Williams came across handwritten texts by Nagatomi’s father, Shinjō, including a journal and drafts of sermons delivered at his barracks temple in Manzanar. At the time, Williams – the child of a Japanese mother and British father, who came to the U.S. as a college student – had no background in Japanese American history.

Translating the papers’ peculiar, period vocabulary “was a crash course,” he explained. “Like, what’s a mess hall?” But as word got around that he could translate WWII-era Japanese, he found more and more families who wanted him to recover their stories.

While Williams’s academic career took off, he continued educating himself in Japanese American history as a “side project,” reading every book, thesis, and dissertation he could. “I’ve reached the point that people like Brian Niiya and Greg Robinson – super nerds of the field! – can read my book and say, ‘Oh, I learned something new,’” he laughed.

Two more world-class experts – Tetsuden Kashima, who taught at UW for decades, and the writer and filmmaker Frank Abe – helped kick off Williams’s book tour at Elliott Bay bookstore in February. He’s gone on to events at the Japanese American National Museum in LA, the Jewish Community Center in Manhattan, Sophia University in Tokyo, Yale Law School, Manzanar, and more.

The book’s multiple audiences include American Buddhists and scholars in several fields, but the “backbone” of its reception, Williams explained, has been the Japanese American community. “All these temples were putting up bulletins about the book even before it came out,” he said, adding, “I’m discovering JA Facebook!” Shortly after its release, it spent three weeks on the LA Times bestseller list, topping out at #3, just below Michelle Obama’s memoir, and three spots above the Marie Kondo juggernaut.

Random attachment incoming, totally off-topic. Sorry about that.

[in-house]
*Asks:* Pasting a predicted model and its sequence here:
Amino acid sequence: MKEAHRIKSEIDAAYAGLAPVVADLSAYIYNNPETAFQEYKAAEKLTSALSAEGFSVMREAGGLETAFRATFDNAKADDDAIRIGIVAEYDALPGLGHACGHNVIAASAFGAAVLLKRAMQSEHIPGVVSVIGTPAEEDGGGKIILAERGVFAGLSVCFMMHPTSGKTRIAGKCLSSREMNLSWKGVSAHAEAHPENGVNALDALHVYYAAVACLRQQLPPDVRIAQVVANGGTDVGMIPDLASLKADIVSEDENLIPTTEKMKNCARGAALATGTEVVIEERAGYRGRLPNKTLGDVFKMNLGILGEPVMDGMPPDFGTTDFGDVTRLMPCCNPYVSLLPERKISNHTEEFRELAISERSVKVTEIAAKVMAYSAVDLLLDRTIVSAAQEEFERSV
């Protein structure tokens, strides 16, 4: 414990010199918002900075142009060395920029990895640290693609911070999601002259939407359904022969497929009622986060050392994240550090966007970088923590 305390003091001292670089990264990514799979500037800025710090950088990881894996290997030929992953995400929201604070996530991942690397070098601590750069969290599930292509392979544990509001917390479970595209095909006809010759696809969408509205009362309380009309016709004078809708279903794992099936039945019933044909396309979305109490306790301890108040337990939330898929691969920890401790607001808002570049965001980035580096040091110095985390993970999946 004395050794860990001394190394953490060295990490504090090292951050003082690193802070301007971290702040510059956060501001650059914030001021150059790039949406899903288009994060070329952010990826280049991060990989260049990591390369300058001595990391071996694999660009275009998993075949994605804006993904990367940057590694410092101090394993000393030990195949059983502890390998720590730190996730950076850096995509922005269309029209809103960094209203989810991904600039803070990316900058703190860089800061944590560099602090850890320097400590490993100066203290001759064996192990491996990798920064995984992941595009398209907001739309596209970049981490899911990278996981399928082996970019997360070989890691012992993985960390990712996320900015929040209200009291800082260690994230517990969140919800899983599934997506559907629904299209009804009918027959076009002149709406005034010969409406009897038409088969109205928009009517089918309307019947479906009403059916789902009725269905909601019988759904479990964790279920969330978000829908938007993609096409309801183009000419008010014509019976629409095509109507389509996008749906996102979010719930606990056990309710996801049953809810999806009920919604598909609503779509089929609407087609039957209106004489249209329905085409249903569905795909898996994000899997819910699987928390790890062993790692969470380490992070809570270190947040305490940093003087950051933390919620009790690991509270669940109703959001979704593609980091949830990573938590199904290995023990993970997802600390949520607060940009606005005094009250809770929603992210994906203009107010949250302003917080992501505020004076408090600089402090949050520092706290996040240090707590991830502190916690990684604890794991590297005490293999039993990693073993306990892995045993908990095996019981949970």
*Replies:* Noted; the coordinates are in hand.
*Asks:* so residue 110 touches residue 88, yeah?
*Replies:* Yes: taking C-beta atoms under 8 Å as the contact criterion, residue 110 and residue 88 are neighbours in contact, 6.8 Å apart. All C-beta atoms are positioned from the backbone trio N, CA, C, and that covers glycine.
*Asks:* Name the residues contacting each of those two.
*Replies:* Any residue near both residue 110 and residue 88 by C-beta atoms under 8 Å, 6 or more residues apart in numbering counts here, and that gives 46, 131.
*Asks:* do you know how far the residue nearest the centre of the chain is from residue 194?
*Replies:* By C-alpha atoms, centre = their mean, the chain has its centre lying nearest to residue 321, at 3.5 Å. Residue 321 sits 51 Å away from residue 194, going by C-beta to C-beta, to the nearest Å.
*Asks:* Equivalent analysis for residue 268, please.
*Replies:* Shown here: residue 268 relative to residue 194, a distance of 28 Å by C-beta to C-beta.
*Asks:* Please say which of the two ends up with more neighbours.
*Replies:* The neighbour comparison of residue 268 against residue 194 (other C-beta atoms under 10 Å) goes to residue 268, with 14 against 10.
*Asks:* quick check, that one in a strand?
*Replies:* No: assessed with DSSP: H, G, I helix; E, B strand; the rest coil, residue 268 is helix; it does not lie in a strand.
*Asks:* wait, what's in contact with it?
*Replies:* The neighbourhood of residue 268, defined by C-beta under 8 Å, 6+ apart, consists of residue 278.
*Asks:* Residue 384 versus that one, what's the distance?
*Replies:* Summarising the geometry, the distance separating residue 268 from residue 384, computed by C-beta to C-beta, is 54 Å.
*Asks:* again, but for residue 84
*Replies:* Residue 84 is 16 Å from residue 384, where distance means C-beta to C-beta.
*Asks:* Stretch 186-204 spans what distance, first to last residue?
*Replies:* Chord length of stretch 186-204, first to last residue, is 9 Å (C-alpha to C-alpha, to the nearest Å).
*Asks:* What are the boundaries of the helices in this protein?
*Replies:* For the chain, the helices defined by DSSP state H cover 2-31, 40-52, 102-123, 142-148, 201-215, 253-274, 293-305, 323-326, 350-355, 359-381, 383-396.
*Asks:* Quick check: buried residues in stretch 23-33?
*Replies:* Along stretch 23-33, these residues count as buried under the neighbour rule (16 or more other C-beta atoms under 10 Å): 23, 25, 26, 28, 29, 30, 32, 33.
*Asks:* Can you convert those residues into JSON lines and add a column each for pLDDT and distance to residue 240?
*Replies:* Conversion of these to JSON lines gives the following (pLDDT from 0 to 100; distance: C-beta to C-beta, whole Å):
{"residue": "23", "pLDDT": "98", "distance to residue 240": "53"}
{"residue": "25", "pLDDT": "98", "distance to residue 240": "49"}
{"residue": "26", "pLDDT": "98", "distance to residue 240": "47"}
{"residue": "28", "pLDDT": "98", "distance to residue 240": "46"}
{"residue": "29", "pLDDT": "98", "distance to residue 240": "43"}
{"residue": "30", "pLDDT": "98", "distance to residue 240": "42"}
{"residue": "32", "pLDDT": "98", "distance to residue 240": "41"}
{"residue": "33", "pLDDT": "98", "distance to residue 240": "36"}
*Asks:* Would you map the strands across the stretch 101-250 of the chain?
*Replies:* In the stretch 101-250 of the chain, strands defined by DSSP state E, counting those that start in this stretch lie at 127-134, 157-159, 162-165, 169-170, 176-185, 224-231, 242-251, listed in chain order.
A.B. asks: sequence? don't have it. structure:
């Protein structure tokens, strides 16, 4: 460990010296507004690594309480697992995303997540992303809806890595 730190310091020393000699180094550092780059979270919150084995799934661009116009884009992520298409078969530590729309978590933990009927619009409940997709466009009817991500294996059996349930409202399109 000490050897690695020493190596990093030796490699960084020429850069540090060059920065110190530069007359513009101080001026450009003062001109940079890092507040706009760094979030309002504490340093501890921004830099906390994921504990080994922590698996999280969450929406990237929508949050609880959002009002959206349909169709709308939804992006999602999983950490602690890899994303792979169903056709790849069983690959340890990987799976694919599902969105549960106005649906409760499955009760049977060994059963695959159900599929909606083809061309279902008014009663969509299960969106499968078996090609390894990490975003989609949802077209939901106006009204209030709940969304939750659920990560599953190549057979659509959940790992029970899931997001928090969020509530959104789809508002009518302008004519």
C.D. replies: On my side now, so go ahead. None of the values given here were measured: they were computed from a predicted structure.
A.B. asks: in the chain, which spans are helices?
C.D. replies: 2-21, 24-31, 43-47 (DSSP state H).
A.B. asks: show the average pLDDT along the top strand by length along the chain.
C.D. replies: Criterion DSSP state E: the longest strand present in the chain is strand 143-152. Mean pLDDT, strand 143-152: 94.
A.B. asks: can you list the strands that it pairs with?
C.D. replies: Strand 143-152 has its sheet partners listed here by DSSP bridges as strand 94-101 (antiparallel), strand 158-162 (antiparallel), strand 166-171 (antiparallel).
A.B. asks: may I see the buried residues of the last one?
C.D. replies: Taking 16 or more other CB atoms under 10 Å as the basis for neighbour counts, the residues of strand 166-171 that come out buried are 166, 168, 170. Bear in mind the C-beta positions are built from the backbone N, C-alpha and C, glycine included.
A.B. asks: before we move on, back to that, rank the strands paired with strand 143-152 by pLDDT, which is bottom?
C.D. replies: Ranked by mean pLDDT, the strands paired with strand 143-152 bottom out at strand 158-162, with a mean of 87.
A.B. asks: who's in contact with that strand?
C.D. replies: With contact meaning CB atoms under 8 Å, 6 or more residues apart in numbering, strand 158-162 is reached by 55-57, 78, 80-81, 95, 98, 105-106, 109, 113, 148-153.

American Sutra opens with the elegant Zen poetry of the incarcerated Issei priest Nyogen Senzaki, and closes with the story of the Heart Mountain Mystery Stones – hundreds of pebbles found buried near an abandoned cemetery on the Wyoming concentration camp grounds, each painted with a single kanji character. Six decades after the war, scholars determined that they represented an effort by the Nichiren Buddhist priest and master calligrapher Nichikan Murakita to ritualistically transcribe the entire Lotus Sutra.

The legendary Yuji Ichioka once described the task of Japanese American historians as unearthing “a buried past.” Or so I’ve heard. Williams originally planned to complete his book more quickly, he said. But like Senzaki and Murakita, patience and perseverance appears to be the lesson his commitment to his faith and scholarship has taught him.
He’d thought the book would come out during the Obama administration, but he acknowledges it has a different resonance now.

On a Saturday in June, Williams went to Fort Sill, Oklahoma – the site of a wartime detention facility for Issei, as well as a former Native American boarding school and a prisoner of war camp for members of the Chiricahua Apache tribe. For once, he wasn’t promoting his book. He was participating in the Tsuru for Solidarity protest against government plans to use the facility as a concentration camp for immigrant and refugee children.

Sometimes, as Joy Kogawa has written, even a stone will burst with telling. Sometimes you have to trust that the stories themselves will know when their time has come.